In contrast to other great incident response tools, which are mainly case-based and support the work of CERTs, SOCs etc. in their daily business, DFIRTrack is focused on handling one major incident with a lot of affected systems as it is often observed in APT cases.
It is meant to be used as a tool for dedicated incident response teams in large cases. So, of course, CERTs and SOCs may use DFIRTrack as well, but they may feel it will be more appropriate in special cases instead of every day work.
In contrast to case-based applications, DFIRTrack works in a system-based fashion.
It keeps track of the status of various systems and the tasks associated with them, keeping the analyst well-informed about the status and number of affected systems at any time during the investigation phase up to the remediation phase of the incident response process.
Also Read : BeeBug : A tool for checking Exploitability
One focus is the fast and reliable import and export of systems and associated information. The goal for importing systems is to provide a fast and error-free procedure.
Moreover, the goal for exporting systems and their status is to have multiple instances of documentation: for instance, detailed Markdown reports for technical staff vs. spreadsheets for non-technical audiences without redundancies and deviations in the data sets.
A manager whose numbers match is a happy manager! 😉
The following functions are implemented for now:
- Creator (fast creation of multiple related instances via web interface) for systems and tasks,
- CSV (simple and generic CSV based import (either hostname and IP or hostname and tags combined with a web form), should fit for the export capabilities of many tools),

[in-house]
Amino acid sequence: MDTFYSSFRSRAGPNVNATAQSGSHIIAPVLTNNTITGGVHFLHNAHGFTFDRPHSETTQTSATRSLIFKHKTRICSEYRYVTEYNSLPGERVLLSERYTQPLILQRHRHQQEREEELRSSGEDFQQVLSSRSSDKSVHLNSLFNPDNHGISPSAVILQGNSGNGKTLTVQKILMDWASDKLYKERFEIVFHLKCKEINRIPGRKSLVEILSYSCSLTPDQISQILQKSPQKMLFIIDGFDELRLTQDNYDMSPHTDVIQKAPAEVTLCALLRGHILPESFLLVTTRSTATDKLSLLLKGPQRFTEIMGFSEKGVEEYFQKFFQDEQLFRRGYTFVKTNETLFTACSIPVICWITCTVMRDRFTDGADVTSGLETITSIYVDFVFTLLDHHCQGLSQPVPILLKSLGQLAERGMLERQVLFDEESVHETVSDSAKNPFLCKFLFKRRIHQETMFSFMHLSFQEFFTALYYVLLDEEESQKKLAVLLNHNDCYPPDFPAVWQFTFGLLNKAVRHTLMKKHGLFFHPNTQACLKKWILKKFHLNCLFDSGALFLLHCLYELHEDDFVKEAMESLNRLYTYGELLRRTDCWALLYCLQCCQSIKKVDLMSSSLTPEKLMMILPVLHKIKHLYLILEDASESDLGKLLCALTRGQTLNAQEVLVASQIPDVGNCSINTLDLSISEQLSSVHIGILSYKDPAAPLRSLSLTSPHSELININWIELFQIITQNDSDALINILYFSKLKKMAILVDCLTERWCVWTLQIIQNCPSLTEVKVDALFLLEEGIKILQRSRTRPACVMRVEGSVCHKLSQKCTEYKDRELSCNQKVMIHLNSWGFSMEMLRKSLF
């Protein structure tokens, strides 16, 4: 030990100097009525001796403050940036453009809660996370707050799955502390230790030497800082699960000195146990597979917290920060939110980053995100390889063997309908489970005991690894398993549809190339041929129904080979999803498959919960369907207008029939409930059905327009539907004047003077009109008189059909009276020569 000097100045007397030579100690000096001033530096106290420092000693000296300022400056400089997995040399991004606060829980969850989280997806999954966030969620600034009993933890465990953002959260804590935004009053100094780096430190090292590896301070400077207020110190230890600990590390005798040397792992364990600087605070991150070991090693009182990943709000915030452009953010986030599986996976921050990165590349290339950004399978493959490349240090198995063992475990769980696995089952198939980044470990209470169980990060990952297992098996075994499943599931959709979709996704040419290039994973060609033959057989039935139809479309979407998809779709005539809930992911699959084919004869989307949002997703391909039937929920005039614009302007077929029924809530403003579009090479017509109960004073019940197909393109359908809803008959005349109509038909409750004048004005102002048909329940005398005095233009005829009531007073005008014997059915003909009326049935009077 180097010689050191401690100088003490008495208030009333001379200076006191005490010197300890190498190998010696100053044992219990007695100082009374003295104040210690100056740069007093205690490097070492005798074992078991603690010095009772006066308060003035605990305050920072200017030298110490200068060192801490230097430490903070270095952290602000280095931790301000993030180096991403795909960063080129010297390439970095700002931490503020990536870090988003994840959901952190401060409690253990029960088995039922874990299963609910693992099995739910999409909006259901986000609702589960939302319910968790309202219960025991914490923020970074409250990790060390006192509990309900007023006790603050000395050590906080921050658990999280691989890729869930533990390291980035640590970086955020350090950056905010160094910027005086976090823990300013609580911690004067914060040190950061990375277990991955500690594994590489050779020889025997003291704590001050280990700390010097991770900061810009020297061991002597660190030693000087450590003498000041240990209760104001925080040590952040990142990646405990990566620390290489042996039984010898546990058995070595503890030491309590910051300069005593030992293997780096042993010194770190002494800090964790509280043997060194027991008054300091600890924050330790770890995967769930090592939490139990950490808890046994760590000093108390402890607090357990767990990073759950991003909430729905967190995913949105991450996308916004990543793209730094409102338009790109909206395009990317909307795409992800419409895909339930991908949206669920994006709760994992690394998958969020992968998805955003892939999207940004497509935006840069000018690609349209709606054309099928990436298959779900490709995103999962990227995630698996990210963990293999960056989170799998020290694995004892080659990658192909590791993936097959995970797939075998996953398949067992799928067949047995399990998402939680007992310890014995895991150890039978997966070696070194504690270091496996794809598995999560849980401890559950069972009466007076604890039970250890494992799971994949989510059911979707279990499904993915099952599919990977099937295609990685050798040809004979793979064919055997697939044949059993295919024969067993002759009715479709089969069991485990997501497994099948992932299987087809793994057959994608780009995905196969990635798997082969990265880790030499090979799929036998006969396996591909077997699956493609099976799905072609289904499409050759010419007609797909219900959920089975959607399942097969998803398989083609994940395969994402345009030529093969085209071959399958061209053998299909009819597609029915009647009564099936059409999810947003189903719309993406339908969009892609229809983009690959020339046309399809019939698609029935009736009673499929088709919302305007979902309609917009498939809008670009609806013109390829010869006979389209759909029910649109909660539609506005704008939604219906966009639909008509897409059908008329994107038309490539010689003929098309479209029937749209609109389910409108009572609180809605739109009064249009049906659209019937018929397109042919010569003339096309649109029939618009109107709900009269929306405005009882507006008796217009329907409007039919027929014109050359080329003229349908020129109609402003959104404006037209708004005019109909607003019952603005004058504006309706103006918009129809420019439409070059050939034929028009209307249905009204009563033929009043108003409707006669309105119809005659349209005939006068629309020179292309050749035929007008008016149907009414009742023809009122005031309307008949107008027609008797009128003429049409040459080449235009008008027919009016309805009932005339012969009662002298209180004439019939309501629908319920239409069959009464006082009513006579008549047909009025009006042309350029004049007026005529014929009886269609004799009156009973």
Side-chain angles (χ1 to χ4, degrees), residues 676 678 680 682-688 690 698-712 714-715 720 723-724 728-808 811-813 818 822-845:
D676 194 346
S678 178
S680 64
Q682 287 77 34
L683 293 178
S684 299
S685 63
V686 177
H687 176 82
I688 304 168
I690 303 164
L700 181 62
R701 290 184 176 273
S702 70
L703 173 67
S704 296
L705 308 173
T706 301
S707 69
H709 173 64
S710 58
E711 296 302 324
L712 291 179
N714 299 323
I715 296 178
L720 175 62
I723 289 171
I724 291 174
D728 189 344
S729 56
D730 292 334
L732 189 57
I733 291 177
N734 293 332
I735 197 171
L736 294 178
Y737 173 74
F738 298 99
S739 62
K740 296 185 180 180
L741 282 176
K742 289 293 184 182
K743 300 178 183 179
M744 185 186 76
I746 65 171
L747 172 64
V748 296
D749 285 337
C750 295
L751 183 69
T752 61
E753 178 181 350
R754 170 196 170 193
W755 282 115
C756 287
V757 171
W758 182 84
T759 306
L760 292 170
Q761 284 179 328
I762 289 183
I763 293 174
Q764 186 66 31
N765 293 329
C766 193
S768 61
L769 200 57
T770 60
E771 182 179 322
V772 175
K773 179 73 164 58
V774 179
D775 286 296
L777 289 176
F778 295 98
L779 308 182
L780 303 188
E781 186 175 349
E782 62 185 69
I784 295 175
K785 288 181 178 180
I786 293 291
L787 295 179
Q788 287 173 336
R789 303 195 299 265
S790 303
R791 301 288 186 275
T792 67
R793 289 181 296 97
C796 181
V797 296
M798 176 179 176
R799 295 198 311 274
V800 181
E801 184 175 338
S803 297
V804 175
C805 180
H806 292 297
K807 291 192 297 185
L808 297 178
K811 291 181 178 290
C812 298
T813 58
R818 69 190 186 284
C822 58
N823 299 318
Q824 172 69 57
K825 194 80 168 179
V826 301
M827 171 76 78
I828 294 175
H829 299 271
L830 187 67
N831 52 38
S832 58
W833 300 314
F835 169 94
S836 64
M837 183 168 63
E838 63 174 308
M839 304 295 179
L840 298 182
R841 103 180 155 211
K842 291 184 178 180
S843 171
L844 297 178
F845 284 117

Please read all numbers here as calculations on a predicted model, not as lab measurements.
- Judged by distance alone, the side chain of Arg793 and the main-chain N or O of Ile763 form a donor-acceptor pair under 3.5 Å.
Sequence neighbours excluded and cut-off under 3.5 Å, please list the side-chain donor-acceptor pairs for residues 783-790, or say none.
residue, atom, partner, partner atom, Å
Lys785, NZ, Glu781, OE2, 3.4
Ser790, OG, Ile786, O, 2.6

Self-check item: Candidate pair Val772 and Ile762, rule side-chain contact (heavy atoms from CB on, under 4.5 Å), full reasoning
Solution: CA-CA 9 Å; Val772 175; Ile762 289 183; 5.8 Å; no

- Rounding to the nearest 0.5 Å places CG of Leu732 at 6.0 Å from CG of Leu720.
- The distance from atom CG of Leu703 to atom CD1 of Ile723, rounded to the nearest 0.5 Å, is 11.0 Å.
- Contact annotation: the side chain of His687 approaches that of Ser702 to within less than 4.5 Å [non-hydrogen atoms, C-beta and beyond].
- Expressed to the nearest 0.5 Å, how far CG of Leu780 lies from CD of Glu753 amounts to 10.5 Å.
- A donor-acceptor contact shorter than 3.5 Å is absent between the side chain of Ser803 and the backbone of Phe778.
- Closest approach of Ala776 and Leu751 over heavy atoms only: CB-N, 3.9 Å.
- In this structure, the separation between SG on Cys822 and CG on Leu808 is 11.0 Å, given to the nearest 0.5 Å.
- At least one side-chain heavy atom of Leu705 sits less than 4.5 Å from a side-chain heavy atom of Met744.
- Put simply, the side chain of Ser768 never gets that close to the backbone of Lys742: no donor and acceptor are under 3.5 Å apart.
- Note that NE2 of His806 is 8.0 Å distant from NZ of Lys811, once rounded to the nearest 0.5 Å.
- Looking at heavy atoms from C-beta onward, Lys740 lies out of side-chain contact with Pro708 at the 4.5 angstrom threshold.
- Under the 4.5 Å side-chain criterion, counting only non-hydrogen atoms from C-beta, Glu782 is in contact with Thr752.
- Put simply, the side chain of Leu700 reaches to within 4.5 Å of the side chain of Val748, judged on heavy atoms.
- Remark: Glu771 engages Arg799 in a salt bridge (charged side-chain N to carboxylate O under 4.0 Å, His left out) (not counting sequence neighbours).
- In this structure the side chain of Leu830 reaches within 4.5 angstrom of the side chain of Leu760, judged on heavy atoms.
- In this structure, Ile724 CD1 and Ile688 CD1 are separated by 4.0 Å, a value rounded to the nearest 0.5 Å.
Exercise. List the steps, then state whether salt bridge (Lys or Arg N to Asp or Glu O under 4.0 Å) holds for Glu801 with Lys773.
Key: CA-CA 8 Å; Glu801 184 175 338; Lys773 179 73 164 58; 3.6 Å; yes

- Markdown for entries (one entry per system(report)).
- Markdown for so-called system reports (for use in a MkDocs structure),
- Spreadsheet (CSV and XLS),
- LaTeX (planned).
DFIRTrack is developed for deploying on Debian Stretch or Ubuntu 16.04. Other Debian based distributions or versions may work but were not tested yet. At the moment the project will be focused on Ubuntu LTS and Debian releases.
For fast and uncomplicated installation on a dedicated server including all dependencies an Ansible playbook and role was written (available here). For testing a docker environment was prepared (see below).
For a minimal setup the following dependencies are needed:
Note that there is no
settings.py in this repository. This file is submitted via Ansible or has to be copied and configured by hand. That will be changed in the future (see issues for more information).
An experimental Docker Compose environment for local-only usage is provided in this project. Run the following command in the project root directory to start the environment:
A user admin is already created. A password can be set with:
The application is located at localhost:8000.
This software is in an early alpha phase so a lot of work has to be done. Even if some basic error checking is implemented, as of now the usage of DFIRTrack mainly depends on proper handling.
DFIRTrack was not and most likely will never be intended for usage on publicly available servers.
Nevertheless some basic security features were implemented (in particular in connection with the corresponding ansible role) always install DFIRTrack in a secured environment (e. g. a dedicated virtual machine or in a separated network)!